The present method and structure are adapted for use with fully-depleted devices. As is known in the art, applying a potential to a field effect transistor (FET) will deplete the region of silicon under the gate. It is commonly known that the higher the voltage and the lower the doping, the further the depletion region will extend. When the appropriate combination of voltage and doping allows the depleted region to extend to a layer of buried oxide, then the stage of full depletion has been achieved. The present invention takes advantage of the fact that when full depletion has been achieved, the electrical connection to the body is severed; thus, full depletion acts as a switch for connecting the floating body. Because full depletion acts as the switch, one is not required to change or carefully set the threshold voltage. This feature greatly reduces the design and processing considerations.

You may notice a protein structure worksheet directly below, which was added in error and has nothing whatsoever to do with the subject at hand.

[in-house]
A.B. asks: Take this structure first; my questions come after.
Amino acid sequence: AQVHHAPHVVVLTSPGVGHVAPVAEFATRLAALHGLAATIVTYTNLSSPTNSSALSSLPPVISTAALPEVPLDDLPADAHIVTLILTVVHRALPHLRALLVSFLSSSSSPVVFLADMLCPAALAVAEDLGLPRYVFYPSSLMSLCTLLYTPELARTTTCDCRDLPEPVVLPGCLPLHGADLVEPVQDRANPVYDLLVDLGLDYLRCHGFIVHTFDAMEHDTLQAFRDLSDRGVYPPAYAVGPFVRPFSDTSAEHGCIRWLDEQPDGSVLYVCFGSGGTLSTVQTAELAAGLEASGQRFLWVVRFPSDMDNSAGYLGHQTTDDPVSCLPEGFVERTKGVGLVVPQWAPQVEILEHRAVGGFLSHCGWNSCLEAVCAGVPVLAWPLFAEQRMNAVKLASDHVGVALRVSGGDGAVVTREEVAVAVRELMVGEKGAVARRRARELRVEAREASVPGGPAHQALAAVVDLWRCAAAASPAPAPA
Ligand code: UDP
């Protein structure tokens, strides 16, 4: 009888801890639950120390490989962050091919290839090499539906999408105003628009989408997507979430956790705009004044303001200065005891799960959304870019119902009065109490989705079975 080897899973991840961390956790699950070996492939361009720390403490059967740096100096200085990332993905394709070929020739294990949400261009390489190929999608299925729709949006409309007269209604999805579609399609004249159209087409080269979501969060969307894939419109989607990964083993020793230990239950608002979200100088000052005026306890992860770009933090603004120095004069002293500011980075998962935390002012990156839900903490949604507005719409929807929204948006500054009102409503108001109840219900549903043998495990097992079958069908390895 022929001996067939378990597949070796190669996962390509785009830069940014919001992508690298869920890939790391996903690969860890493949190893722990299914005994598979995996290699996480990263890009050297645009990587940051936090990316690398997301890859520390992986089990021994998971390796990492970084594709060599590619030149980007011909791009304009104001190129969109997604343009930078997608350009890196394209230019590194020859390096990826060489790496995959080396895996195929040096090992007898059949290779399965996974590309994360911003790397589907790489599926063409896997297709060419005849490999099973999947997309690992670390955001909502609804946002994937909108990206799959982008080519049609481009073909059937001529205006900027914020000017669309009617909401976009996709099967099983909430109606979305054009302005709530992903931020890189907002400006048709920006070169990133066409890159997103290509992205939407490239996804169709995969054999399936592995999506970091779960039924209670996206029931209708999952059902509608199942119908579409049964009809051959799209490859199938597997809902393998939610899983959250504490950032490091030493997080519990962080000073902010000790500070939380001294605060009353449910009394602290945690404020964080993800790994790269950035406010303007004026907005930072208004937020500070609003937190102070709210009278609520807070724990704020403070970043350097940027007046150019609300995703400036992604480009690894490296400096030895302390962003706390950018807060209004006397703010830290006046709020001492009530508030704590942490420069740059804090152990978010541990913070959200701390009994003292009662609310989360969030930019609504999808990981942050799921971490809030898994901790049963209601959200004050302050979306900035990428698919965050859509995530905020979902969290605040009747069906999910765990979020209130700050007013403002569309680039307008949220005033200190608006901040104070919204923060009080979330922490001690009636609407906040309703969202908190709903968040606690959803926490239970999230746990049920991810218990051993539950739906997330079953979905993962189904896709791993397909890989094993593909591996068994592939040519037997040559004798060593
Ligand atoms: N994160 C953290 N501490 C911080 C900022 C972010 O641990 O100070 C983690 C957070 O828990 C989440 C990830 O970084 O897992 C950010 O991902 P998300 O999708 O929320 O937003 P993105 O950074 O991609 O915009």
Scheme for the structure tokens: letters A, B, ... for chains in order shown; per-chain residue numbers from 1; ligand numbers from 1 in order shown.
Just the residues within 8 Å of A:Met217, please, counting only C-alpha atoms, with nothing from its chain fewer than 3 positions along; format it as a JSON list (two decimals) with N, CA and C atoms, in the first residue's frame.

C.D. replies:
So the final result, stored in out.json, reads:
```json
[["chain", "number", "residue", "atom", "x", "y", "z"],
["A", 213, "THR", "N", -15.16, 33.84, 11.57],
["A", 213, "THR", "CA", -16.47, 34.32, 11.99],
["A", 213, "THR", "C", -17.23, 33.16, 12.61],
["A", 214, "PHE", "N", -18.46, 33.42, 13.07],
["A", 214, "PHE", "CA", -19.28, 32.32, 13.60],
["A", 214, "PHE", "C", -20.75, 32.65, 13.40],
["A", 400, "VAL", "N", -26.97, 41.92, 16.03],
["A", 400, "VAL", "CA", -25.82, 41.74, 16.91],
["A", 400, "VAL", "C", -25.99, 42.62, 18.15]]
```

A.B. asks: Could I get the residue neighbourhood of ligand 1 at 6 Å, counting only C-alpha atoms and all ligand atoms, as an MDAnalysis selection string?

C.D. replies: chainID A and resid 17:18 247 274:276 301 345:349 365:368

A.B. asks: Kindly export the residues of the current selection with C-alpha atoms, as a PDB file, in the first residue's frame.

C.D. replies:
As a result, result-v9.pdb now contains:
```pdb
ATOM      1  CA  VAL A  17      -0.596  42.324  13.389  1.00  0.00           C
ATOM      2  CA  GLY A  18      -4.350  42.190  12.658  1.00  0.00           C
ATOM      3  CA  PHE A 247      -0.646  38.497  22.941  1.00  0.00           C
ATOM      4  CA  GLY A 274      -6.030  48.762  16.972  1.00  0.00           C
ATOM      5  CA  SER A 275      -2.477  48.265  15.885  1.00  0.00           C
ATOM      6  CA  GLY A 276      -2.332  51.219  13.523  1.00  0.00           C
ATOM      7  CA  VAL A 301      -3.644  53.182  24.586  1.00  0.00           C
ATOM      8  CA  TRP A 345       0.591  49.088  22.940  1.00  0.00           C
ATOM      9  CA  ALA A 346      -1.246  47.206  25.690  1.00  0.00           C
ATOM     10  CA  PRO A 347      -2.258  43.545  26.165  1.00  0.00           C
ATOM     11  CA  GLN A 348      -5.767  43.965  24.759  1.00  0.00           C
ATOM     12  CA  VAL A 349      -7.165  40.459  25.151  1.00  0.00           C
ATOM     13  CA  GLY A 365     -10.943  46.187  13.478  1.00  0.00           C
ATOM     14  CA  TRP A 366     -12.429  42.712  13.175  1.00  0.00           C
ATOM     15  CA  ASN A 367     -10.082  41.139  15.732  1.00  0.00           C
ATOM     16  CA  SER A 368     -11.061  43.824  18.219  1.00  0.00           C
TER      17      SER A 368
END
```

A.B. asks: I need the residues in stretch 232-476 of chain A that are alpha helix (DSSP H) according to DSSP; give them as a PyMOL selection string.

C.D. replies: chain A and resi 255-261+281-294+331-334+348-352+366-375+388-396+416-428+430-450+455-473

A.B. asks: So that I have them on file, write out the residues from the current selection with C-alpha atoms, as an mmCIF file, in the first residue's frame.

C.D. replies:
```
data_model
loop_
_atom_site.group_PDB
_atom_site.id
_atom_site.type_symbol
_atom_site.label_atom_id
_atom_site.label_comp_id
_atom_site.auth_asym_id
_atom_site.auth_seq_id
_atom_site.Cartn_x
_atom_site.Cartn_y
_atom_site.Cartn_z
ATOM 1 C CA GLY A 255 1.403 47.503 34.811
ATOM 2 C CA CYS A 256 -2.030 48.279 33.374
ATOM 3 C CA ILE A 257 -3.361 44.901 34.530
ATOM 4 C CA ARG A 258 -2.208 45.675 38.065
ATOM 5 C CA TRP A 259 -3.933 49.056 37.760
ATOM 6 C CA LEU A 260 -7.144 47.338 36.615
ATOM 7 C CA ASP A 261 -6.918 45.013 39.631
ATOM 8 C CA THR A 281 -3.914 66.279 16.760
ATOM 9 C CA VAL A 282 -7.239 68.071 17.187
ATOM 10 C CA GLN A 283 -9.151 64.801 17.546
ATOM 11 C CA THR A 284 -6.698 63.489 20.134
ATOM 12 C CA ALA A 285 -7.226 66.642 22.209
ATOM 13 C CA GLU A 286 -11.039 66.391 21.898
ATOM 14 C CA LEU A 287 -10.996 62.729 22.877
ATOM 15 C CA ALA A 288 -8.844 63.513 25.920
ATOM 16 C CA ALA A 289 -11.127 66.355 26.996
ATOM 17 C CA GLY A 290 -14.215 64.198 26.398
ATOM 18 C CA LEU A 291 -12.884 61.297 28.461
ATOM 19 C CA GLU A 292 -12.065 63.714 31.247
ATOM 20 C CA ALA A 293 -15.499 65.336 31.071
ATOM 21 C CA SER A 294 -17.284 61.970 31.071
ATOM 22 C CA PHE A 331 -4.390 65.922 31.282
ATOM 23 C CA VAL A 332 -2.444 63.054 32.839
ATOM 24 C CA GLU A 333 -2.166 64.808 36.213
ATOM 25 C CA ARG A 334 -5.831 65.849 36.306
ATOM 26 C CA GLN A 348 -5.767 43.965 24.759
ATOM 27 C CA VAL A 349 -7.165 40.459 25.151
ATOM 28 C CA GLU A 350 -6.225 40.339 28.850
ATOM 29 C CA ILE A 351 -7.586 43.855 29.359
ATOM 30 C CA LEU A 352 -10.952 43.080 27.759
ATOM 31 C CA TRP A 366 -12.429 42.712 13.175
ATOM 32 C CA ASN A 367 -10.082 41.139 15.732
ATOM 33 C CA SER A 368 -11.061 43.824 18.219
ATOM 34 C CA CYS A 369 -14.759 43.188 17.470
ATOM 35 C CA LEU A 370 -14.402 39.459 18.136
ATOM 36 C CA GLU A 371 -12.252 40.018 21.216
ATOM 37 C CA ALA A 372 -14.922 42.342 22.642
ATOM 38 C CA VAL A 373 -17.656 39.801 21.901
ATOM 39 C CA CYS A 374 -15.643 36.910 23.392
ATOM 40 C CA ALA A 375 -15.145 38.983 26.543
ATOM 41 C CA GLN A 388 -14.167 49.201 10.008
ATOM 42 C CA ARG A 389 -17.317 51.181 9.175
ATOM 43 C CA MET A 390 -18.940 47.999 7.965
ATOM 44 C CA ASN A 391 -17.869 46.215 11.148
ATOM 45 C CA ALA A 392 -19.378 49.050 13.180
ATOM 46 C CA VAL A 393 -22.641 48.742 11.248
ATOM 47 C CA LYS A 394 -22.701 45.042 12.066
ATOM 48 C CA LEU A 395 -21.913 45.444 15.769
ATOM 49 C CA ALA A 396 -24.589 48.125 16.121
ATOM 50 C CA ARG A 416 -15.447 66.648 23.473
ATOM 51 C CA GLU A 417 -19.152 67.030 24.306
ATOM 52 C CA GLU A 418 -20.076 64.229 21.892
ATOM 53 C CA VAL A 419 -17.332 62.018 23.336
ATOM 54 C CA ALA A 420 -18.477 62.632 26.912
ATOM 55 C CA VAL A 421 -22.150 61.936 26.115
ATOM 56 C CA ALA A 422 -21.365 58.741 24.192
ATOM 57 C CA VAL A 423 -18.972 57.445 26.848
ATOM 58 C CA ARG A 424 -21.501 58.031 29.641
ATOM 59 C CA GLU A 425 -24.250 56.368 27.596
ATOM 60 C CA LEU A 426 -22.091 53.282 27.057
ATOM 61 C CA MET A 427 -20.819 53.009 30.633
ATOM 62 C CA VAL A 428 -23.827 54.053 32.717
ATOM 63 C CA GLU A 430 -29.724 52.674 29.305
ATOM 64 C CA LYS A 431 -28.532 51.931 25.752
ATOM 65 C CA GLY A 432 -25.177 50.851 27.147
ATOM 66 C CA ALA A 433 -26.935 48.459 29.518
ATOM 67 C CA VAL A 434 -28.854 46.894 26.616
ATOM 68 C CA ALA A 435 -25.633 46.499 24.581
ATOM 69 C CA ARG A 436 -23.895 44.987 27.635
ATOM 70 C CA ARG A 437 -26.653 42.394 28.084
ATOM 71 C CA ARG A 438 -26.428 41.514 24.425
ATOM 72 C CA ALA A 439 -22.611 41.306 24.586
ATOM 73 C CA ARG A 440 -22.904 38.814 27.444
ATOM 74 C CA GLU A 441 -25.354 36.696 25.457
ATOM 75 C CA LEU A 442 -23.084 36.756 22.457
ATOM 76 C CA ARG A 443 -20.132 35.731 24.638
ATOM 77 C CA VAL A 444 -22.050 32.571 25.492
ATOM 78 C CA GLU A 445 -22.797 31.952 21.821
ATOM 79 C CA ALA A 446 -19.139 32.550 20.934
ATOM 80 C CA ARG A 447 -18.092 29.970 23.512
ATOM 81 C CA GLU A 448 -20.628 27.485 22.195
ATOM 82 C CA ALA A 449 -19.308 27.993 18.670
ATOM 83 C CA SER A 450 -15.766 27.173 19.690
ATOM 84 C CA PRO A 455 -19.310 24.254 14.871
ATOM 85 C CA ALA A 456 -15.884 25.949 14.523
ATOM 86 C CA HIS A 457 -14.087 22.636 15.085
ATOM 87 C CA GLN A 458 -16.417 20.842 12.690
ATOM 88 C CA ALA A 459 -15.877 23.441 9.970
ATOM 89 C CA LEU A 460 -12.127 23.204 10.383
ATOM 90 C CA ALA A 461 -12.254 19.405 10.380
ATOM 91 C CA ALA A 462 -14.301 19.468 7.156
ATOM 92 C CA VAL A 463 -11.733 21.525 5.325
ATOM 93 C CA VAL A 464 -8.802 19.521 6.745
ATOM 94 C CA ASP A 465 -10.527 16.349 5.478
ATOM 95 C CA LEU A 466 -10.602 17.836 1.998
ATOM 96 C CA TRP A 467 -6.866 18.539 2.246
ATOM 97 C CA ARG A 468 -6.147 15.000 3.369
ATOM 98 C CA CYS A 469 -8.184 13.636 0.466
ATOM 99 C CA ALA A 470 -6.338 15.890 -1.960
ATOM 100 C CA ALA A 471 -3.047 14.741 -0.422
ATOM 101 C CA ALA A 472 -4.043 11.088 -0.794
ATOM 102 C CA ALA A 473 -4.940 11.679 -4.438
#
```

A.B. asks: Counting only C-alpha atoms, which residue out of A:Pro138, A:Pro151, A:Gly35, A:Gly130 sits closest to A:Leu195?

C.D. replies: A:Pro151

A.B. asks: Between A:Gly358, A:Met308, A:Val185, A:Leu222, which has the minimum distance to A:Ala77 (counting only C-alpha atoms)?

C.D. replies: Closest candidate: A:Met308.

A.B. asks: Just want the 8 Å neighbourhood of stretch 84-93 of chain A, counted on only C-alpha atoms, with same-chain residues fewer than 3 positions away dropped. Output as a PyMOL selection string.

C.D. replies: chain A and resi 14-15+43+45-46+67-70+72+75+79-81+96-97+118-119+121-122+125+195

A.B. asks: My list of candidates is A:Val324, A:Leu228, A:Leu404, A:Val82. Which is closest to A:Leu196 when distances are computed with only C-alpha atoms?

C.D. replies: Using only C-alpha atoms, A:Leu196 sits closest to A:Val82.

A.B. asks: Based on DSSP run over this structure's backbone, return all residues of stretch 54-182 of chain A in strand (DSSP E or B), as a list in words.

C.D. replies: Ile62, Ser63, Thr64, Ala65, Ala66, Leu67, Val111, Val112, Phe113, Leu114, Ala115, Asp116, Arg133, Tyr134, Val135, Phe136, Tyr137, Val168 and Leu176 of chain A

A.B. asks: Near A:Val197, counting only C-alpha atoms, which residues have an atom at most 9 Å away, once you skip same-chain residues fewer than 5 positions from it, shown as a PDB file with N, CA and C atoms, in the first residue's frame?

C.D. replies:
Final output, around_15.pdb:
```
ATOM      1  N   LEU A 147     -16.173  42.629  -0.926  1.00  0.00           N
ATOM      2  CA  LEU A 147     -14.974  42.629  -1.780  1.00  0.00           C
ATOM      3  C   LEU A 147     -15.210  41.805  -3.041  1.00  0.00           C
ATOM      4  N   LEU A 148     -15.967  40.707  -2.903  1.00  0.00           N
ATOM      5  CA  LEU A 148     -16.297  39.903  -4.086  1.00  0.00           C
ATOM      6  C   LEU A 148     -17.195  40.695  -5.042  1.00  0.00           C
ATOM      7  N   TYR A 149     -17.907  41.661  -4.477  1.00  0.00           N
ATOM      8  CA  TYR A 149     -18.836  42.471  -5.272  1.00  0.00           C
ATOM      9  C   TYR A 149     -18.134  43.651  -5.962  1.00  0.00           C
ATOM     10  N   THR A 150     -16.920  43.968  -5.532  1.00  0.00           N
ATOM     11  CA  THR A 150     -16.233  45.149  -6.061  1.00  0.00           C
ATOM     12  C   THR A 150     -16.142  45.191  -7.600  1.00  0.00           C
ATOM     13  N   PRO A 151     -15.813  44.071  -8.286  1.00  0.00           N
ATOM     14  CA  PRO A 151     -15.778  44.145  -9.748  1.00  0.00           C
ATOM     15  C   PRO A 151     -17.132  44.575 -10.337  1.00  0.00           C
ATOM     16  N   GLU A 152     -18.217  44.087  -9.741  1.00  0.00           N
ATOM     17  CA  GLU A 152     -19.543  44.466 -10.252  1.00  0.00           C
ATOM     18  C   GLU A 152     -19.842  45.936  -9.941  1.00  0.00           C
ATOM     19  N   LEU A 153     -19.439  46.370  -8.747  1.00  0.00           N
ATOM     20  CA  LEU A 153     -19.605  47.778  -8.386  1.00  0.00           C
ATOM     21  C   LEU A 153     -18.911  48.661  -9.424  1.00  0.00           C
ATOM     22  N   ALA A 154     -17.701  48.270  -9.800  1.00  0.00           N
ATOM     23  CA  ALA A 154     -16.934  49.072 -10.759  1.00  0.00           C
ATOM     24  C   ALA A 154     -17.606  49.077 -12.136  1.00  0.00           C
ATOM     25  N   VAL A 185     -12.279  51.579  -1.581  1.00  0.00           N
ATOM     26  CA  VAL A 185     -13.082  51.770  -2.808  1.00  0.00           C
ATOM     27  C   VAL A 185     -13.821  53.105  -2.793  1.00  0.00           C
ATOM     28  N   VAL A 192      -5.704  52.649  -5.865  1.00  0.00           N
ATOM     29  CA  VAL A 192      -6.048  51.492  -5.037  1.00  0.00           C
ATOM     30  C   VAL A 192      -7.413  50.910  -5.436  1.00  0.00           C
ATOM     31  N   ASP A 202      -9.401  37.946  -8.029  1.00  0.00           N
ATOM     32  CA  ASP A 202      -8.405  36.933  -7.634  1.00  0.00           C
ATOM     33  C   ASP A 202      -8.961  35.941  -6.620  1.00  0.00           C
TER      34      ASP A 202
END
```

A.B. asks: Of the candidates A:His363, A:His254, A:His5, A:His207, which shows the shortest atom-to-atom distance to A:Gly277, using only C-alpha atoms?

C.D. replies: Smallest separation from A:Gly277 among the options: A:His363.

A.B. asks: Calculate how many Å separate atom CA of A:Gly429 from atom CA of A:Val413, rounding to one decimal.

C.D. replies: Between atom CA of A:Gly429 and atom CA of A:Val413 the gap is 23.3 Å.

In both embodiments 10, 100, it should be understood that only one mesa region, such as 22 or 112 could be extended outwardly from the gate.
It should be understood by those skilled in the art that obvious structural modifications can be made without departing from the spirit of the invention. For example, the doping of the transistor could be reversed, thus implementing the invention with P channel surface devices. Accordingly, reference should be made primarily to the accompanying claims rather than the foregoing specification to determine the scope of the invention.
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|U.S. Classification||257/347, 257/622, 257/E29.281, 257/354|